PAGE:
Take hypertension off the table by picking the correct nutrition for your blood pressure
Blood pressure varies naturally, increasing and decreasing from time to time, but when it reaches excessively high levels, provoking a phenomenon called hypertension, it can threaten the heart, kidneys and brain. Doctors normally suggest that those who suffer from high blood pressure should reduce salt consumption. Salt is hidden in a large number of foods, some of which should be eliminated, limited or replaced by better alternatives.
Avoid frozen and pre-packaged meals
Frozen or pre-packaged meals may appear to be the best solution for those who do not have time to cook. You should however be aware of the salt content of these meals, which could be up to 1800mg per portion, particularly if you suffer from hypertension, considering the 2300 mg recommended daily allowance. The solution could be to freeze portions of meals prepared at home, which you can then consume when you do not have time to cook.
Replace salt with aromatic herbs
Kitchen salt is not the only option when looking to add flavor to your dishes. Spices and aromatic herbs such as rosemary, parsley, marjoram, horseradish, thyme, paprika, chives or dried garlic and onion are all fantastic alternatives.
Avoid ketchup and soy sauce
Ketchup, mayonnaise, mustard and especially soy sauce can contribute to raising blood pressure due to their elevated sodium content. You should therefore avoid commercially produced sauces and replace them with low-salt homemade versions to season salads or sandwiches.
Limit your consumption of canned foods
It would also be wise to minimize your consumption of canned foods containing added salt for the purpose of preservation. You should look out for the salt content in canned peas, corn and legumes. Canned legumes can easily be replaced with their dried or frozen version (without added salt).
Limit your consumption of pickled foods
Specifically olives, onions, capers, pickles and mushrooms, whose preserving fluids are often rich in sodium. Rinsing them is often ineffective in removing most of the salt. Salt is also used in the preparation of homemade preserves, in which case you can limit the quantity yourself. Other pickled foods can be substituted with their dried or fresh variety.
Beware of preserved or cured meat
Cured meats, especially when smoked or vacuum-sealed, tend to have an elevated salt content. Those who suffer from high blood pressure should always pay close attention to the sodium content displayed on the packaging if they choose to consume such foods.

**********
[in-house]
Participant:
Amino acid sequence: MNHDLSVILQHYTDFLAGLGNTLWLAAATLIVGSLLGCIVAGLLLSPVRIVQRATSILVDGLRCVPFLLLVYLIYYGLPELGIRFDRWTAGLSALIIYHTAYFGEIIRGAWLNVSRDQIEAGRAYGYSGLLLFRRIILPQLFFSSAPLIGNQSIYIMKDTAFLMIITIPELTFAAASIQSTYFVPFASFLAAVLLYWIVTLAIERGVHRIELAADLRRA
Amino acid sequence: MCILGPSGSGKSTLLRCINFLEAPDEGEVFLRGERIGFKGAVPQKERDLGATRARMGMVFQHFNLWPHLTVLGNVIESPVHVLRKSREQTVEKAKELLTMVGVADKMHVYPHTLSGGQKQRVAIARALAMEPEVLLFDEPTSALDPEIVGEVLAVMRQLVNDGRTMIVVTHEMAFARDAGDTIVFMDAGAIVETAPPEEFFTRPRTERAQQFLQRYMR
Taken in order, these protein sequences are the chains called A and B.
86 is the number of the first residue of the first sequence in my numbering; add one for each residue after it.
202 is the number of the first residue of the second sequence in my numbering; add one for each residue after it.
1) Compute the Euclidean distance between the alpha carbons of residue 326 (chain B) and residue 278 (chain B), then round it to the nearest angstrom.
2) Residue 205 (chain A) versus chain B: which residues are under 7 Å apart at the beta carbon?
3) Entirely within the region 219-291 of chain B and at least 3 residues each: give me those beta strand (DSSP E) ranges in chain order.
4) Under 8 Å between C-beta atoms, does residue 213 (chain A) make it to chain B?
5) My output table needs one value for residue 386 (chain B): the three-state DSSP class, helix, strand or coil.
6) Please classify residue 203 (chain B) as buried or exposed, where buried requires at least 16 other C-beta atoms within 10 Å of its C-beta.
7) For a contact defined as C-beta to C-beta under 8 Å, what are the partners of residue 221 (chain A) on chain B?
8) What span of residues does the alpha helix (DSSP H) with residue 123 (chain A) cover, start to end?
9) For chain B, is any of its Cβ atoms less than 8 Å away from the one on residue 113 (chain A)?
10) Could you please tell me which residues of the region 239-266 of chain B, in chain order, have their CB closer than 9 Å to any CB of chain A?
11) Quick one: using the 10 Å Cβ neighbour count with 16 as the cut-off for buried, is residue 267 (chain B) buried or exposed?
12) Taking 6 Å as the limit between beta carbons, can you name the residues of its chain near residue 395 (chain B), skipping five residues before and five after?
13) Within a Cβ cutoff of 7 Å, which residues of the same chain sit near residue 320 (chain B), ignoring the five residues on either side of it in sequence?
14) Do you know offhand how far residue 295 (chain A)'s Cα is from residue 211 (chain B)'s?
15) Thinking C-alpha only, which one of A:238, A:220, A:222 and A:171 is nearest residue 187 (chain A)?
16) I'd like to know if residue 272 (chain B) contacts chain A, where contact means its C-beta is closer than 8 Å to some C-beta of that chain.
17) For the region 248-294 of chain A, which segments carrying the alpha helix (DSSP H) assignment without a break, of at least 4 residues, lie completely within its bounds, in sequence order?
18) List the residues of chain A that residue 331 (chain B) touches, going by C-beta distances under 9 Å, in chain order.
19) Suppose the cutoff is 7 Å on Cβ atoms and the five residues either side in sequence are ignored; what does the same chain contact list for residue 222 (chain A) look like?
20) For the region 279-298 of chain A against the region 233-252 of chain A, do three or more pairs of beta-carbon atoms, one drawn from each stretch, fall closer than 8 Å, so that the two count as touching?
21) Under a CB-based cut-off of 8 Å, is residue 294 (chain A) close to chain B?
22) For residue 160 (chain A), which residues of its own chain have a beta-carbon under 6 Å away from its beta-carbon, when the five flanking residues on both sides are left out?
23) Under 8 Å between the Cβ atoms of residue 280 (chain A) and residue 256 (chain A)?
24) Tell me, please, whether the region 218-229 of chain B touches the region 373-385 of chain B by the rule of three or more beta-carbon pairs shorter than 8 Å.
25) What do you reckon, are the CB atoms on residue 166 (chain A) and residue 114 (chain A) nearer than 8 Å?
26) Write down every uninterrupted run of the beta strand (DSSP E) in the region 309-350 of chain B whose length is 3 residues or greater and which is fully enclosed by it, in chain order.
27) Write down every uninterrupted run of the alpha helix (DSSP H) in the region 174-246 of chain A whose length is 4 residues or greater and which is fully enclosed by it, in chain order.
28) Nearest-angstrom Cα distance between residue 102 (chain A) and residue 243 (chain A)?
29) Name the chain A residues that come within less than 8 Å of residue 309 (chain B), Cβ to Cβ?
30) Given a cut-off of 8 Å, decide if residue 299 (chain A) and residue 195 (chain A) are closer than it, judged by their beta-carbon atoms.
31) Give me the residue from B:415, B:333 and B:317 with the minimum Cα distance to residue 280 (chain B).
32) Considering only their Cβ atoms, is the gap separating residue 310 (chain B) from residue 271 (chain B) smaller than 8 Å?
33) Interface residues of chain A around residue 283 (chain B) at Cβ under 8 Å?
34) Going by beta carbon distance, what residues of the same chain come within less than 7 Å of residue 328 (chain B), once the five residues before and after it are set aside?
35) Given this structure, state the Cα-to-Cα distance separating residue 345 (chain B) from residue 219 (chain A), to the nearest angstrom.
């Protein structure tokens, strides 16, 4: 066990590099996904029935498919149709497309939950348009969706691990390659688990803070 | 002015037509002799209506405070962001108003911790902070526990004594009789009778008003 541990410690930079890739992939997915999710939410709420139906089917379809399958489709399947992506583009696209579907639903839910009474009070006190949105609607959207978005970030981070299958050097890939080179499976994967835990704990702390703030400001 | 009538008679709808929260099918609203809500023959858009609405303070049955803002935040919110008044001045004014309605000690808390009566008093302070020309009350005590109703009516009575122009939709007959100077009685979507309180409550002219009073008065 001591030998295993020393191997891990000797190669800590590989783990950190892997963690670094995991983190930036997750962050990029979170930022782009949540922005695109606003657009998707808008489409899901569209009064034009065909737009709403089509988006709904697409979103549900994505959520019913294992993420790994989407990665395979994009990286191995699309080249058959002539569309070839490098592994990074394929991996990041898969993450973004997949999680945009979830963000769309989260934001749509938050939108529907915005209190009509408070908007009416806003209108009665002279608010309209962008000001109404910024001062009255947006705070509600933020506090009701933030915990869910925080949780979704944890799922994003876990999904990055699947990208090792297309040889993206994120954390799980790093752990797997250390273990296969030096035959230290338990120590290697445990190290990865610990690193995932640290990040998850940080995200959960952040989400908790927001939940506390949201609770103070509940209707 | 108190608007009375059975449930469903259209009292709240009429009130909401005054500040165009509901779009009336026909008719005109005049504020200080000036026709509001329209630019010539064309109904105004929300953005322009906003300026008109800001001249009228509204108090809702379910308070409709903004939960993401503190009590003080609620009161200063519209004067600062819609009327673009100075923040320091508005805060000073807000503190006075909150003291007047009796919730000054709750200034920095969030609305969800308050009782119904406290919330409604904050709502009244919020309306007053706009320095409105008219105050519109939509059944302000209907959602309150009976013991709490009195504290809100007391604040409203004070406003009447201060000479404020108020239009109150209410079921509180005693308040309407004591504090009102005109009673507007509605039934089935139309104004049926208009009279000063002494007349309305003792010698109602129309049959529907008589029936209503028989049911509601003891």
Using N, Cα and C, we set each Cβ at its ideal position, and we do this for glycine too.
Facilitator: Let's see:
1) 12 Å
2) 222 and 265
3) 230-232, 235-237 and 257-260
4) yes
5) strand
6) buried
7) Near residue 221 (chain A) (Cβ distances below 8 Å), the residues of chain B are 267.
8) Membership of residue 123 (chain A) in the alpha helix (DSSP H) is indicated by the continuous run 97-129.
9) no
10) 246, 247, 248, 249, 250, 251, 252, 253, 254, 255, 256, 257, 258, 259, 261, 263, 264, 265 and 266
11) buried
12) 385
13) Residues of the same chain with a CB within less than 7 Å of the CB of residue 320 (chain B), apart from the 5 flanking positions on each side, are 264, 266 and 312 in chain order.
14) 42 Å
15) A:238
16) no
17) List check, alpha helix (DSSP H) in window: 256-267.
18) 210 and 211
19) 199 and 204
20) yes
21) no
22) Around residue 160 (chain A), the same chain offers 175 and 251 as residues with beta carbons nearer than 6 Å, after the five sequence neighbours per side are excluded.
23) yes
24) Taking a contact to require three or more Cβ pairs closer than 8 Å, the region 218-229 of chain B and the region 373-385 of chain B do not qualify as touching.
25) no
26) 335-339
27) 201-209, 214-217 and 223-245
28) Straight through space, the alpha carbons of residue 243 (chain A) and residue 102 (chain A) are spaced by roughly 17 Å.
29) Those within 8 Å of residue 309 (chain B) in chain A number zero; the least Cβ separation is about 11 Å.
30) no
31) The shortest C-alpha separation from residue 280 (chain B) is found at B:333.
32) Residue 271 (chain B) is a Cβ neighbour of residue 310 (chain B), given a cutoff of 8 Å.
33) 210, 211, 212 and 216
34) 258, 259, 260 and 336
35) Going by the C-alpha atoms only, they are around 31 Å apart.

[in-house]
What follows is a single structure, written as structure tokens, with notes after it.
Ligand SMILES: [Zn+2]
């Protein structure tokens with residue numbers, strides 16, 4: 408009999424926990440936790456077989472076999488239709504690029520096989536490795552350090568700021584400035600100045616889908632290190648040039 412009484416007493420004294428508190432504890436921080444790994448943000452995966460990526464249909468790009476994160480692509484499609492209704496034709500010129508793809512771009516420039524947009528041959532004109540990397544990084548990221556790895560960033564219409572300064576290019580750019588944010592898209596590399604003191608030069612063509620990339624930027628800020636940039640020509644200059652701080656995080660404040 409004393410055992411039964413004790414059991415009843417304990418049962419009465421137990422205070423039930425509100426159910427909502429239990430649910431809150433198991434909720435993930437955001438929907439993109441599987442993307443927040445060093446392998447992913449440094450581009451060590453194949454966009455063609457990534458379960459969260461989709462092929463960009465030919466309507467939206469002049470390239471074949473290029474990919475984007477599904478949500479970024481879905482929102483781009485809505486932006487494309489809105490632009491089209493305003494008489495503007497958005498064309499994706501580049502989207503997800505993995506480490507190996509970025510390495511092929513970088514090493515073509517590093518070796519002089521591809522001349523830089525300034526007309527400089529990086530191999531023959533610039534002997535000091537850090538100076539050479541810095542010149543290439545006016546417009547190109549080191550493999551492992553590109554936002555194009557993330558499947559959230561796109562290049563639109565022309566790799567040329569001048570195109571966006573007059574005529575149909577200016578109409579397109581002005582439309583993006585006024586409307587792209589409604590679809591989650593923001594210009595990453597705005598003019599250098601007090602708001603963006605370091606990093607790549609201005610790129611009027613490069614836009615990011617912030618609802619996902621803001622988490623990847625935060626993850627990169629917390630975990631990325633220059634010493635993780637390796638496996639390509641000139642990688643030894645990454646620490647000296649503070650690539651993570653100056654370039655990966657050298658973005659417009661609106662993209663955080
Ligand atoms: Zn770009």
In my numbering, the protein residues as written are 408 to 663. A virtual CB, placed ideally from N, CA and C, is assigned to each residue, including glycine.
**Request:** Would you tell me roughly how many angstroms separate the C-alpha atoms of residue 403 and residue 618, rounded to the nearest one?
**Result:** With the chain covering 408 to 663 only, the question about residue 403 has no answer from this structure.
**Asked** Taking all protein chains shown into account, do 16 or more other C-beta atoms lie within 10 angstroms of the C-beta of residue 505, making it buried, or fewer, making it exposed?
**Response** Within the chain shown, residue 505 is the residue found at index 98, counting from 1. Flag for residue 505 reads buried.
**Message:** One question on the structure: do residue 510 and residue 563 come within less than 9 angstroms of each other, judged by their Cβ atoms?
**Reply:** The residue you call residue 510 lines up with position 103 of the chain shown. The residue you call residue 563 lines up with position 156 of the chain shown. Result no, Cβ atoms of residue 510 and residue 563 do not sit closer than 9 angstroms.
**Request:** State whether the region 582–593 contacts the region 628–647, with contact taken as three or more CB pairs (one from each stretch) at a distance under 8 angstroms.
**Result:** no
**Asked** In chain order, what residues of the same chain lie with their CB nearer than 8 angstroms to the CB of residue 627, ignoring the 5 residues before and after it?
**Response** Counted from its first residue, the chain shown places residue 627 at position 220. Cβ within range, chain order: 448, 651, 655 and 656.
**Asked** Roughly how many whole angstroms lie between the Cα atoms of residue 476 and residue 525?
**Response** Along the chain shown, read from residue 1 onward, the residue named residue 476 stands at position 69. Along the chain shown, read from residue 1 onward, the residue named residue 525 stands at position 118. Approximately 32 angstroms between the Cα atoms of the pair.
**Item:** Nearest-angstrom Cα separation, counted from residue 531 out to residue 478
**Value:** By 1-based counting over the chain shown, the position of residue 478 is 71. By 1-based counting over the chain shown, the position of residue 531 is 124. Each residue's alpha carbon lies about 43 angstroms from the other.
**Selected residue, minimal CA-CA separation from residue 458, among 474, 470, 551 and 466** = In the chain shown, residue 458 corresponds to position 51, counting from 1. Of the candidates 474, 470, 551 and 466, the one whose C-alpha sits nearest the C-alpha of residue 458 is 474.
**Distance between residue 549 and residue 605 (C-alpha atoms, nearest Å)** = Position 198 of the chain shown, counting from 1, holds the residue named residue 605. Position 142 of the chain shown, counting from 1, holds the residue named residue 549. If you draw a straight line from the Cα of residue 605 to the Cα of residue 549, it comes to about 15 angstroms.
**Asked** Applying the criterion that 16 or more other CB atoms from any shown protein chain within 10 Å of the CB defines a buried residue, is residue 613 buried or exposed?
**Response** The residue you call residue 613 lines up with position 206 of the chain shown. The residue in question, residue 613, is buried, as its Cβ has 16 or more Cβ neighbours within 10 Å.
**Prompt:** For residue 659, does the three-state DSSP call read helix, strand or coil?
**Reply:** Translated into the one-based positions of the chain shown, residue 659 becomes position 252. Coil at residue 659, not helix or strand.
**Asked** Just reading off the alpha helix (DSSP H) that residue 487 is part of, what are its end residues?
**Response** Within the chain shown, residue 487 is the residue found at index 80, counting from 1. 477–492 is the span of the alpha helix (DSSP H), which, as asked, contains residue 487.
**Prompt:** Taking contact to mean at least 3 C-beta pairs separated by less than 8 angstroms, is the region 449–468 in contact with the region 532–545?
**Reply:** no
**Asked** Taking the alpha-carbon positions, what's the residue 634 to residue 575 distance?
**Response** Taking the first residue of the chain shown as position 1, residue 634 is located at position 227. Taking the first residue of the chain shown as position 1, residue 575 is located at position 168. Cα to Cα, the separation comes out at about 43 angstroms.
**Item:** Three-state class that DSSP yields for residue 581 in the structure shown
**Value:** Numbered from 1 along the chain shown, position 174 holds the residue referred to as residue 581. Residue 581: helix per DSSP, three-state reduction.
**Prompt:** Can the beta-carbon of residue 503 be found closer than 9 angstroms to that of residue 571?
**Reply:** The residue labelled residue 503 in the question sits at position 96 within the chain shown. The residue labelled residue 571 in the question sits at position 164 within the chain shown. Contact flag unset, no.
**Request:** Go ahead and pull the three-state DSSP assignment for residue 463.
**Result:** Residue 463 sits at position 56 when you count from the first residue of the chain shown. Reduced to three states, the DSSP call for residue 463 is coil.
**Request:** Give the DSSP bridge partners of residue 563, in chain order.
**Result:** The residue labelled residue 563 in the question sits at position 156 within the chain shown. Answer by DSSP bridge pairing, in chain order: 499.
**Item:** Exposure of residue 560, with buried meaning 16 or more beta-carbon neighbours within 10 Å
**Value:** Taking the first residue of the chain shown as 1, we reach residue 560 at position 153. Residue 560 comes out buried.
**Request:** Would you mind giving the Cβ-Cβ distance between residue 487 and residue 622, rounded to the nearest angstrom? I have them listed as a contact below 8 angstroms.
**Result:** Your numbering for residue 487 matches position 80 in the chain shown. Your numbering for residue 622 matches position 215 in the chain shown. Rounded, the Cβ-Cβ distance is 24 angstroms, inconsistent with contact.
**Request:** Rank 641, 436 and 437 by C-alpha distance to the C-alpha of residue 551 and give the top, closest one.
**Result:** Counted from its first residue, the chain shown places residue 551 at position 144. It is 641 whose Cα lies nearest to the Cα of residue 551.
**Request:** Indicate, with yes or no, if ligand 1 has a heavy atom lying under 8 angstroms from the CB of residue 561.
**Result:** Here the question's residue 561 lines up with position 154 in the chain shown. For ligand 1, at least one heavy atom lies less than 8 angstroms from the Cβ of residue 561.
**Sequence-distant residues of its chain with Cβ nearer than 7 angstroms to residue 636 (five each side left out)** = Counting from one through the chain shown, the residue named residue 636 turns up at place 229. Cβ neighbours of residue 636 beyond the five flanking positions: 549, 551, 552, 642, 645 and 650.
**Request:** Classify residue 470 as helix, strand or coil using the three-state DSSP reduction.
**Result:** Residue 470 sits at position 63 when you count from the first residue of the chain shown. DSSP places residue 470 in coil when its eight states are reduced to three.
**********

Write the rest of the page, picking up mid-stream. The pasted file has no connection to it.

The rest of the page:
Avoid chips and other salty snacks
Those who suffer from high blood pressure should carefully avoid chips, pretzels, crackers, breadsticks, popcorn and other salty snacks. These can be replaced by dried fruit and seeds, so long as they are free of added salt. You can also make salt-free popcorn at home, as well as crackers and breadsticks.
Avoid adding salt when cooking
This is one of the most frequent recommendations for hypertensive patients, which many dislike for fear of having to consume tasteless food. However, cooking without or with very little salt can be a great way to rediscover the true flavors of food. Those who suffer from hypertension should seriously limit the salt they add to foods.
Beware of cheese
Those who suffer from high blood pressure should consider the sodium content of cheese they consume. Some cheeses are particularly rich in salt, occasionally reaching a sodium content up to 8%.
Banana and dark chocolate as treats
Finally some consolation, to consume in moderation, after a list of things to give up. Dark chocolate with high cocoa content is rich in flavonoids and can therefore help dilate blood vessels, lowering blood pressure. Bananas contribute to cardiovascular health and help combat hypertension by lowering blood pressure due to their high potassium content.
Scientific articles below:
- Ideal cardiovascular health behaviors and factors prevent the development of hypertension in prehypertensive subjects (Clin Exp Hypertens. 2015 Jun 26:1-6.) http://informahealthcare.com/doi/abs/10.3109/10641963.2015.1047938
- Role of Dietary Salt and Potassium Intake in Cardiovascular Health and Disease: A Review of the Evidence (Mayo Clin Proc. 2013 Sep;88(9):987-95) http://www.ncbi.nlm.nih.gov/pmc/articles/PMC3833247/